Three White male volunteers (hereinafter referred to as individuals A, B and C) provided faecal samples daily over a period of fifteen consecutive days. All participants gave prior informed written consent to the study protocol, which was approved by the Ethics Committee of Hospital Universitario La Fe (Valencia, Spain). A, B and C were 40, 39 and 29 years old, respectively. A was normal weight, B and C were obese class I according to the body mass index (BMI; 30 ≤ BMI < 35). None had a history of gastrointestinal disease or systemic comorbidities, recent (in the last 3 months) treatment with antibiotics, immunomodulating therapy, antidiarrhoeal medication or laxatives. They followed a Mediterranean diet that remained unchanged throughout the follow-up.

Sample collection and DNA extraction

Faecal samples were self-collected by the volunteers in the morning in tubes containing phosphate-buffered saline (PBS) and stored in their home freezers until its release. Afterwards, samples were stored at −80 ºC until further processing. Before DNA extraction, samples were resuspended in PBS and centrifuged at low speed to remove faecal debris as far as possible. Then, DNA was extracted from supernatants using the QIAamp DNA Stool Mini Kit (QIAGEN) and its protocol for isolation of DNA for pathogen detection.

PCR amplification and sequencing of bacterial 16S rRNA genes

The 16S rRNA genes were amplified using the broad range bacterial primers B8F (5′-AGAGTTTGATCMTGGCTCAG-3′) and B357R (5′-TGCTGCCTCCCGTAGGAGT-3′) modified with the 454 Life Sciences adaptors A and B, respectively, and with barcodes to tag each PCR product. The PCR conditions were 5 min of initial denaturation at 95 °C followed by 20 cycles of denaturation (30 s at 95 °C), annealing (30 s at 52 °C) and elongation (30 s at 72 °C). PCR products were purified by filtration, and equal amounts of the PCR products from different samples were pooled. The mixtures were sent for pyrosequencing with primer A on a 454 sequencer using the GS FLX chemistry for samples of subject A and the GS FLX Titanium chemistry for samples of subjects B and C (Roche). This was due to the change in the sequencing chemistry while the study was ongoing.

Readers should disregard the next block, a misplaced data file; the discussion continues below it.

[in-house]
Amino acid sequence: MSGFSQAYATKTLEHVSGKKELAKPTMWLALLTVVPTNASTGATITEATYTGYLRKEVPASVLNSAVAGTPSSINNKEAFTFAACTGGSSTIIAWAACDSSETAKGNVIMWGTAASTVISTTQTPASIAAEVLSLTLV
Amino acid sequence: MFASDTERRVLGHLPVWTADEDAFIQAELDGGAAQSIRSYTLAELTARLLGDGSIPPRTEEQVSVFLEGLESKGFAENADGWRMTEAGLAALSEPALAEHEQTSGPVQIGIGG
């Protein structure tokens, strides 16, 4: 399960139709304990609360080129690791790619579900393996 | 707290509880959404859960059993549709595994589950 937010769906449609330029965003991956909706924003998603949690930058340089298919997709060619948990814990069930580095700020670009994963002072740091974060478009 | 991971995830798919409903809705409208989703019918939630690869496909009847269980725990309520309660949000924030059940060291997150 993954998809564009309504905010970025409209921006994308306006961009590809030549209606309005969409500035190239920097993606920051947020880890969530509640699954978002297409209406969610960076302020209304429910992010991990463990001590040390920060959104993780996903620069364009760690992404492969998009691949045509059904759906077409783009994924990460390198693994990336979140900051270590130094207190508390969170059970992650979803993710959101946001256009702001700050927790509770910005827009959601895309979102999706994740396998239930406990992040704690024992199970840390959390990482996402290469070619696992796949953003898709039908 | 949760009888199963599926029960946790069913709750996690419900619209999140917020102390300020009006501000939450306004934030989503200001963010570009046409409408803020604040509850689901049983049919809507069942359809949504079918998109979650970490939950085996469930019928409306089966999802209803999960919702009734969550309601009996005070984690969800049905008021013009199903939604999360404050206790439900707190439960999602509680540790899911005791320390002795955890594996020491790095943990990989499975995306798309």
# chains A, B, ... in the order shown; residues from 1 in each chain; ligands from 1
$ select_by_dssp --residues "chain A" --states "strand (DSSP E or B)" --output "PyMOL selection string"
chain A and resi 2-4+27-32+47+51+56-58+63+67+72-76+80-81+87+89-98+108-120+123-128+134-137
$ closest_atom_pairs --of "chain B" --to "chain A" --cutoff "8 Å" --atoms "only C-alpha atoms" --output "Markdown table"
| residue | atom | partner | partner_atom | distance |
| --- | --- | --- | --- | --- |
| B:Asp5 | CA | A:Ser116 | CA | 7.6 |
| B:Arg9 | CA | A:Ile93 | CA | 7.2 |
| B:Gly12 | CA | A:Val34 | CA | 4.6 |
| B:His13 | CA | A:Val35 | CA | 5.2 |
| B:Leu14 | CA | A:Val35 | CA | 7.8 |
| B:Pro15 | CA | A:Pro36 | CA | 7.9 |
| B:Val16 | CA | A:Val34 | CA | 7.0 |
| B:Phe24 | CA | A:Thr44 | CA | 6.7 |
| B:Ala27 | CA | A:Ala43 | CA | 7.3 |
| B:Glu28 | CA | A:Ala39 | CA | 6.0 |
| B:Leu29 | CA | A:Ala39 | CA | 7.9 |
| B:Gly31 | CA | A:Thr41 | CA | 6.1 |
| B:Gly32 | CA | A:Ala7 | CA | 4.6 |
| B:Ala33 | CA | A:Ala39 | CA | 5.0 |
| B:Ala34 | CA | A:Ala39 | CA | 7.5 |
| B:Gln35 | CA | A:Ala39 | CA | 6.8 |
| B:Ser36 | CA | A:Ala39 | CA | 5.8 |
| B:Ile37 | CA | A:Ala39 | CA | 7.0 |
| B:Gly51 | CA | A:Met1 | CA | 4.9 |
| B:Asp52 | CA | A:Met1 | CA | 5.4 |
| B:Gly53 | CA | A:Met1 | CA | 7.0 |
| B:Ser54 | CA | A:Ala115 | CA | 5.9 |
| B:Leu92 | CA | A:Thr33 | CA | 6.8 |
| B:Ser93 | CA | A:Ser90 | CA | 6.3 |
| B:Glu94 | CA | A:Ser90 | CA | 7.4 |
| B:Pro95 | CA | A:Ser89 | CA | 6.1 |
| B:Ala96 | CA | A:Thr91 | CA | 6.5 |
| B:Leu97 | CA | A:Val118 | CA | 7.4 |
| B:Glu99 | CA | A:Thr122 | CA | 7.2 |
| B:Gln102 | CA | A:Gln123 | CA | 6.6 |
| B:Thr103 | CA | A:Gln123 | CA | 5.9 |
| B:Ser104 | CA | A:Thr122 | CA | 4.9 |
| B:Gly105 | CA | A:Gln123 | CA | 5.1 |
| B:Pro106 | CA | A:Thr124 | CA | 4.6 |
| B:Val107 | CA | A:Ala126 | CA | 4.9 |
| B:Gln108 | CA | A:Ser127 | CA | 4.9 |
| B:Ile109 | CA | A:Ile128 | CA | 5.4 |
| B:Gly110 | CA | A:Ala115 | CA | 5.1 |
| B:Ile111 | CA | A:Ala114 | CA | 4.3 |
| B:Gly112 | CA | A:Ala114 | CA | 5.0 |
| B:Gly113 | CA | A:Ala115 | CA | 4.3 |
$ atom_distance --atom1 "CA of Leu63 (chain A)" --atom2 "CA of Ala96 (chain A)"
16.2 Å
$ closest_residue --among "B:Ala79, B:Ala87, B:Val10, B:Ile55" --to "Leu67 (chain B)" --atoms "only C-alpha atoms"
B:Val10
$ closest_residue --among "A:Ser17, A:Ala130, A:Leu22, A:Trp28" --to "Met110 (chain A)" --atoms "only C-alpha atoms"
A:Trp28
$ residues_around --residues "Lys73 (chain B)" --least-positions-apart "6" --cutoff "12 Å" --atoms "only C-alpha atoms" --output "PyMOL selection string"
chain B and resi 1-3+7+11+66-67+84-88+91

Sequence analysis

Sequences with low-quality scores (< 20) and short read lengths (< 200 nt for samples of subject A and < 250 nt for samples of subjects B and C) were removed. The remaining sequences were checked for potential chimeras using the chimera.slayer tool incorporated into the mothur software (Schloss et al., 2009). The taxonomic affiliation of the sequences was determined using the classifier tool of the Ribosomal Database Project-II (RDP) with a bootstrap cut-off of 70% (Cole et al., 2007, 2009). Sequences were clustered at 97% of sequence identity using the cluster tool of the usearch 5.0 package (Edgar, 2010). Input sequences to cluster were previously sorted by decreasing abundance as recommended for 16S sequences. The resulting phylotypes were used to study sample composition at the ‘species’ level.

Statistical analyses

Exploratory statistical analyses

We assessed the differences between and within subjects according to the bacterial composition using correspondence analysis (CA) and analysis of similarities (anosim) at genus and phylotype levels (Quinn & Keough, 2002; pp. 459 and 484, respectively) as implemented in the vegan package (Oksanen et al., 2010) for the statistical environment R (R Development Core Team, 2010). We also computed the Chao1 index of richness and the Shannon's index of biodiversity for each of the 45 samples at both genus and phylotype levels. This was performed with the QIIME pipeline (Caporaso et al., 2010), resampling 1000 times from each daily sample using the smallest sample size of all samples.